If I could only find the words

In the early years of rock and roll, female singers, musicians and songwriters were the exception. Men dominated the picture, just like in most professions at the time.

By the Seventies, it was a new dawn, and women made big inroads into the charts as singers and songwriters, and as musicians as well. By the Eighties, they weren’t just acoustic, they were electric, fronting full rock bands. That progress has continued into the ’90s and beyond.

In honor of the late Ruth Bader Ginsburg, and in honor of talented women everywhere, this edition of “Hack’s Back Pages Lyrics Quiz” centers around lyrics from songs written and/or performed by female artists of the ’60s, ’70s and ’80s. Many of the 20 songs selected make reference to the ongoing battle for women’s rights.

Can you identify the song and/or the artist? Jot down your answers, and then scroll down to see the answers and find if your memory bank still serves you. Feel free to let me know how well you did in the comment section, or via email (bhhack55@gmail.com). Enjoy!

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1 “When my soul was in the lost and found, /You came along to claim it…”

2 “Lovers forever, face to face, /My city, your mountains, stay with me, stay…”

3 “We love our lovin’, but not like we love our freedom…”

4 “I’ve packed my bags, I’ve cleaned the floor, /Watch me walkin’, walkin’ out the door…”

5 “Still, I’m glad for what we had, and how I once loved you…”

6 “Well you’re the real tough cookie with the long history of breaking little hearts like the one in me…”

7 “But every night, all the men would come around, /And lay their money down…”

8 “My pretty countryside had been paved down the middle by a government that had no pride…”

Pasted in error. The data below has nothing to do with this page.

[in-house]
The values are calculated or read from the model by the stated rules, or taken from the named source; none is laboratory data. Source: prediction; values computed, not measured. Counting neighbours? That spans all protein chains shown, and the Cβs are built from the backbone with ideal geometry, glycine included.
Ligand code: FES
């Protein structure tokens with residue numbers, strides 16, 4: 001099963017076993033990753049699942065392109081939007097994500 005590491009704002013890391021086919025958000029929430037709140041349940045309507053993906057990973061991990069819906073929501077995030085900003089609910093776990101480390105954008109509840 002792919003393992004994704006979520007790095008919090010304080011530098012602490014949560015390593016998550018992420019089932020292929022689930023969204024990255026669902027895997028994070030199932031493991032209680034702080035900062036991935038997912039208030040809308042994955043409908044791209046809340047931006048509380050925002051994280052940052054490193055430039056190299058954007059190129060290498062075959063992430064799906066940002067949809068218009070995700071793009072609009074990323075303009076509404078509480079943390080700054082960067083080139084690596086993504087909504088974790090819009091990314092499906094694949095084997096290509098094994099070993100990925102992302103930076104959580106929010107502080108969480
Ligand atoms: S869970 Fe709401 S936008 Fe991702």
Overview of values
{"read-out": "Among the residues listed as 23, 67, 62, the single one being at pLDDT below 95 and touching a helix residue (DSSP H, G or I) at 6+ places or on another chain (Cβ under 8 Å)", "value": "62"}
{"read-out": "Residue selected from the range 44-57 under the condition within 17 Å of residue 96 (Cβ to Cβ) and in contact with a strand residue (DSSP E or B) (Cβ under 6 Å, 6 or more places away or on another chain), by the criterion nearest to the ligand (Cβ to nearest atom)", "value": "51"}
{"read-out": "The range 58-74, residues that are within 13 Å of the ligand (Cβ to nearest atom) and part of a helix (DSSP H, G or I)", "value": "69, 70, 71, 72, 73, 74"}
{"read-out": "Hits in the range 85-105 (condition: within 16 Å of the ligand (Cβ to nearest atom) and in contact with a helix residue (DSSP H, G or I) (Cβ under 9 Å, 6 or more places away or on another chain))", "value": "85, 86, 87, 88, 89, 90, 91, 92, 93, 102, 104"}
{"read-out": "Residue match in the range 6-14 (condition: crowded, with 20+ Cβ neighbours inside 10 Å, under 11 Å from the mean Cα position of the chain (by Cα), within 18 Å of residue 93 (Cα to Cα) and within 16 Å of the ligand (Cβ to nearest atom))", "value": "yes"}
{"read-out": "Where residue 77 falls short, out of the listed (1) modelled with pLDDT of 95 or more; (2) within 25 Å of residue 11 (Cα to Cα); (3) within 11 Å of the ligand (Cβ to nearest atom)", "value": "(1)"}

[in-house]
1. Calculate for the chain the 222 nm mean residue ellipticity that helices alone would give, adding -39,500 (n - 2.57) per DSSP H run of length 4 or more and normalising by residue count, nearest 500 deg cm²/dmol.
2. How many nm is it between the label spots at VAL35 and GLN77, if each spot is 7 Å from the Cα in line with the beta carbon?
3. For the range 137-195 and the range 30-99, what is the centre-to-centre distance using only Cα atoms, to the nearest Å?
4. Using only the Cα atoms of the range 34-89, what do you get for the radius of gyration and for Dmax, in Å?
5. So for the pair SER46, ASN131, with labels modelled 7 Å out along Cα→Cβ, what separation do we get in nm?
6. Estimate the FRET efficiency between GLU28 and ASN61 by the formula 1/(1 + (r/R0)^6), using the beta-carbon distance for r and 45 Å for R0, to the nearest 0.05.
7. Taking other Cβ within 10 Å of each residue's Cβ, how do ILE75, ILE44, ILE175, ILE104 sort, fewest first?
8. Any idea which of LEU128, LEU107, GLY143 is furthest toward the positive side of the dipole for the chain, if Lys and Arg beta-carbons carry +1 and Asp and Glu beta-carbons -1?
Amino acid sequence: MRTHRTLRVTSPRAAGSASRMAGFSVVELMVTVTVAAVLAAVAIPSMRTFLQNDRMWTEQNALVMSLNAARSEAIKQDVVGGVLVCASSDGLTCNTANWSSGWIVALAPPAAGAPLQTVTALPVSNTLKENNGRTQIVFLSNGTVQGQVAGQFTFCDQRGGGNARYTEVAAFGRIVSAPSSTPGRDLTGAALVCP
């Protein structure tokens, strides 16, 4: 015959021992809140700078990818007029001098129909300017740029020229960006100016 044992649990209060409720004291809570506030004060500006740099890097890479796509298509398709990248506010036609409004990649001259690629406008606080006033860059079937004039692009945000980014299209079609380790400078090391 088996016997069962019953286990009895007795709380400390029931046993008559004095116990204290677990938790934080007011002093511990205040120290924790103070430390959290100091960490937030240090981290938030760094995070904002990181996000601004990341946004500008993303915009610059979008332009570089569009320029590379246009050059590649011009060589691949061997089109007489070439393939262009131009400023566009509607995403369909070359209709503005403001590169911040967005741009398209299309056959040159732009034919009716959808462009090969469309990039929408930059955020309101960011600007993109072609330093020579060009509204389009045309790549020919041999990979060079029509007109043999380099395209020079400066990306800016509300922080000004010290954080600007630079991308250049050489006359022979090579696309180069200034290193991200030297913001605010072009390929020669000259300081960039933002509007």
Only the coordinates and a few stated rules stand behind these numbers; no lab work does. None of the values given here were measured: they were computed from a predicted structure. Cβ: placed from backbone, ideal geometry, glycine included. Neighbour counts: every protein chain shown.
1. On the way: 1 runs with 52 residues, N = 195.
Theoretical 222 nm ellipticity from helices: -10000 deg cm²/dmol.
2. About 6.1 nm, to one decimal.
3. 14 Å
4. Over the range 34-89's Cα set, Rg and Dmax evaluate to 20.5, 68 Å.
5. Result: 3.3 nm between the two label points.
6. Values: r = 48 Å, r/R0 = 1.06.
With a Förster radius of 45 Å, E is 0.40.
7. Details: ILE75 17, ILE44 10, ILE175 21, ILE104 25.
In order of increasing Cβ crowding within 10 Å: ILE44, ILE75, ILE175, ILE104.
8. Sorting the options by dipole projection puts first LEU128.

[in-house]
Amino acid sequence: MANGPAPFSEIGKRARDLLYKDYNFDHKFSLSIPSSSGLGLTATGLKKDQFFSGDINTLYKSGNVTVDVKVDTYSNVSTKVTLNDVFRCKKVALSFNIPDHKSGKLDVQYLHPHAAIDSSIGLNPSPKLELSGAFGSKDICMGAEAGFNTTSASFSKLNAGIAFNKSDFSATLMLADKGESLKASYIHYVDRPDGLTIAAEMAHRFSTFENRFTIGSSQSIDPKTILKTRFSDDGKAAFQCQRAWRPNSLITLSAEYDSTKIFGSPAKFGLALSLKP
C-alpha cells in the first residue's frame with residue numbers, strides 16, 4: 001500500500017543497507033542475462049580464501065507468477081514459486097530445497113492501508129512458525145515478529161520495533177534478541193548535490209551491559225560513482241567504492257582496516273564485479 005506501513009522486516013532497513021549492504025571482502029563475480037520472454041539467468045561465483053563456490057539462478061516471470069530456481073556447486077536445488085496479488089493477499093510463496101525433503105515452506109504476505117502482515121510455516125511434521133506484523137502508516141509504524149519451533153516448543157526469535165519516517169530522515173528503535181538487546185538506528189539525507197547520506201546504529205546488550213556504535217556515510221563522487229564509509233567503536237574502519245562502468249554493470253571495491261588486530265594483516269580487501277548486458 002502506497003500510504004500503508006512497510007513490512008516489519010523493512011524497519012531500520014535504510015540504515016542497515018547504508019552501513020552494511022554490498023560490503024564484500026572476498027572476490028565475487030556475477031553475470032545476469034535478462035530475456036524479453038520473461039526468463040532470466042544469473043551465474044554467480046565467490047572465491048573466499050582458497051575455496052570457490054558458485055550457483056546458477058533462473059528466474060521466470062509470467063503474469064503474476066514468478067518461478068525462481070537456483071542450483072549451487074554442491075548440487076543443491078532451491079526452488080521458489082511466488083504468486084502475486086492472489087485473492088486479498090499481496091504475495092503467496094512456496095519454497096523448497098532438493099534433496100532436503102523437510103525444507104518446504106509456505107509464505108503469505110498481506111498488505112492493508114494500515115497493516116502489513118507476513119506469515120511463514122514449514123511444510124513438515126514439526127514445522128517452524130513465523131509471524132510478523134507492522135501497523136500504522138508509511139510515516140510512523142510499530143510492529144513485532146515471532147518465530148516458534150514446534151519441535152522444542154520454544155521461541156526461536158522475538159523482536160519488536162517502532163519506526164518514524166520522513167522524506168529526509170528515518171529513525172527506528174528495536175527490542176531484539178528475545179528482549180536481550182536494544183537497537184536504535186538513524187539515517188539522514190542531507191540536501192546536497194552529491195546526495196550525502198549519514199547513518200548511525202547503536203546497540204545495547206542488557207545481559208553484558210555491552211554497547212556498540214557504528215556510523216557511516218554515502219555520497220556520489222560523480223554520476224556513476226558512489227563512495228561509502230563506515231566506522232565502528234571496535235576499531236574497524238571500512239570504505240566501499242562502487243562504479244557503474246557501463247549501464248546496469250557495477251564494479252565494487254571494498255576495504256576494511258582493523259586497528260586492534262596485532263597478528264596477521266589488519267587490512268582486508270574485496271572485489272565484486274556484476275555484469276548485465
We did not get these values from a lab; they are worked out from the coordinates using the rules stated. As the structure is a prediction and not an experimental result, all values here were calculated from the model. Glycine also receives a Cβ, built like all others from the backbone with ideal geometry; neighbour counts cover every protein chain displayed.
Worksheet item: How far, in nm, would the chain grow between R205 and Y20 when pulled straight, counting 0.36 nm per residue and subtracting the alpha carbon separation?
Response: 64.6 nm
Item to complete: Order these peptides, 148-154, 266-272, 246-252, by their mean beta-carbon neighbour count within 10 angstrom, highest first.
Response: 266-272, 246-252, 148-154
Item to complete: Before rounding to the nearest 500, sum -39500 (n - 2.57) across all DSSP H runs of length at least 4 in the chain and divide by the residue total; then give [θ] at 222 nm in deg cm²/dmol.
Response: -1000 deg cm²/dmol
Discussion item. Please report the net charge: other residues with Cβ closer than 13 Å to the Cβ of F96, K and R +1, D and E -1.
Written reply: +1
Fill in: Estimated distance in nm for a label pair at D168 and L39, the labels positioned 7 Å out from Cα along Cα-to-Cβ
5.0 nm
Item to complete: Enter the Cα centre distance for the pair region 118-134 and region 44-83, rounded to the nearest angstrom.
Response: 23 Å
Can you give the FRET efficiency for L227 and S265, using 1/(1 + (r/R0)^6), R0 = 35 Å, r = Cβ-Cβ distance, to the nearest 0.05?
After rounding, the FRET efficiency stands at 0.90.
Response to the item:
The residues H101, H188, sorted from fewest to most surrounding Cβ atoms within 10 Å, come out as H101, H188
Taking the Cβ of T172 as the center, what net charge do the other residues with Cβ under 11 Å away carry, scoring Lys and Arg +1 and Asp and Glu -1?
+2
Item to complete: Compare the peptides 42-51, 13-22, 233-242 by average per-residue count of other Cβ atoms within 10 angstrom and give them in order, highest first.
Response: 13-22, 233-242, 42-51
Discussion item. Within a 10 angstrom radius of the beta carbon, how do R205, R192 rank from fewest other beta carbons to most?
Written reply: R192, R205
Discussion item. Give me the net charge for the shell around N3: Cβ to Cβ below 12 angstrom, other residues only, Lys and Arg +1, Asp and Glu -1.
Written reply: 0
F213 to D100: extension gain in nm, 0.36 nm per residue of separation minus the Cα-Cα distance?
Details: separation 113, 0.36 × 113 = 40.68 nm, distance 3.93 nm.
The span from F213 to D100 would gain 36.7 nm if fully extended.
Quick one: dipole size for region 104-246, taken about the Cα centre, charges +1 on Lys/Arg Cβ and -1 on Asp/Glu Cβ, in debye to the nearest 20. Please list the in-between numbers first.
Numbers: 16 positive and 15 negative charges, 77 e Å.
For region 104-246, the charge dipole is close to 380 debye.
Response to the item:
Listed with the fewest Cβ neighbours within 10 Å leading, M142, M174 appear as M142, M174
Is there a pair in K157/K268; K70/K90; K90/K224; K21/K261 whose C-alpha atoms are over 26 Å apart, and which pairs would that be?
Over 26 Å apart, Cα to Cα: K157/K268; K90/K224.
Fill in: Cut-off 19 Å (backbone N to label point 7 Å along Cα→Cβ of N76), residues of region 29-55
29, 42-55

9 “Prove that you love me and buy the next round, /Oh Lord, won’t you buy me a night on the town?…”

10 “But I rehearsed those words just late last night /When I was thinking about how right tonight might be…”

11 “Coast to coast, L.A. to Chicago, western male, /Across the north, and south to Key Largo, love for sale…”

12 “And don’t tell me what to do, /Don’t tell me what to say, /And please, when I go out with you, don’t put me on display…”

13 “I never did believe in miracles, /But I’ve a feeling it’s time to try…”

14 “Go on now, go, walk out the door, /Just turn around now ’cause you’re not welcome anymore…”

15 “When the truth is found to be lies, /And all the joy within you dies…”

16 “They just use your mind and they never give you credit, /It’s enough to drive you crazy if you let it…”

17 “A friend who taught me right from wrong, and weak from strong, /That’s a lot to learn…”

18 “Go on, get out, get out of my life, and let me sleep at night…”

19 “And you won’t need no camel, no no, when I take you for a ride..”

20 “You keep playing where you shouldn’t be playing, /And you keep thinking that you’ll never get burned, hah!…”

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Answers:

1 “(You Make Me Feel Like) A Natural Woman,” Aretha Franklin, 1967

Songwriter extraordinaire Carole King wrote this women’s anthem and eventually recorded her own version, but it was the late great Aretha, the Queen of Soul, who made the song a hit, reaching #8, her fourth of five Top Ten hits in 1967. She had been stuck doing torch songs and show tunes on Columbia, but once she switched to Atlantic, the R&B hits came fast and furiously.

2 “Leather and Lace,” Stevie Nicks, 1981

After six years with Fleetwood Mac, helping to transform the former British blues band into a pop music sensation, Nicks took the solo plunge in 1981 with her “Bella Donna” album. It sold many millions, thanks to “Edge of Seventeen,” “Stop Draggin’ My Heart Around” and this charming duet with Don Henley that reached #6 on the charts. The twosome had an affair, but they weren’t “lovers forever, face to face”

3 “Help Me,” Joni Mitchell, 1974

Generally regarded as the finest female songwriter of her generation, and one of the finest songwriters, period, Mitchell has always been more interested in her artistry than fame and fortune. Consequently, many of her albums and singles charted modestly or poorly despite their high quality. This breezy single from the brilliant “Court and Spark” LP was her only Top Ten hit.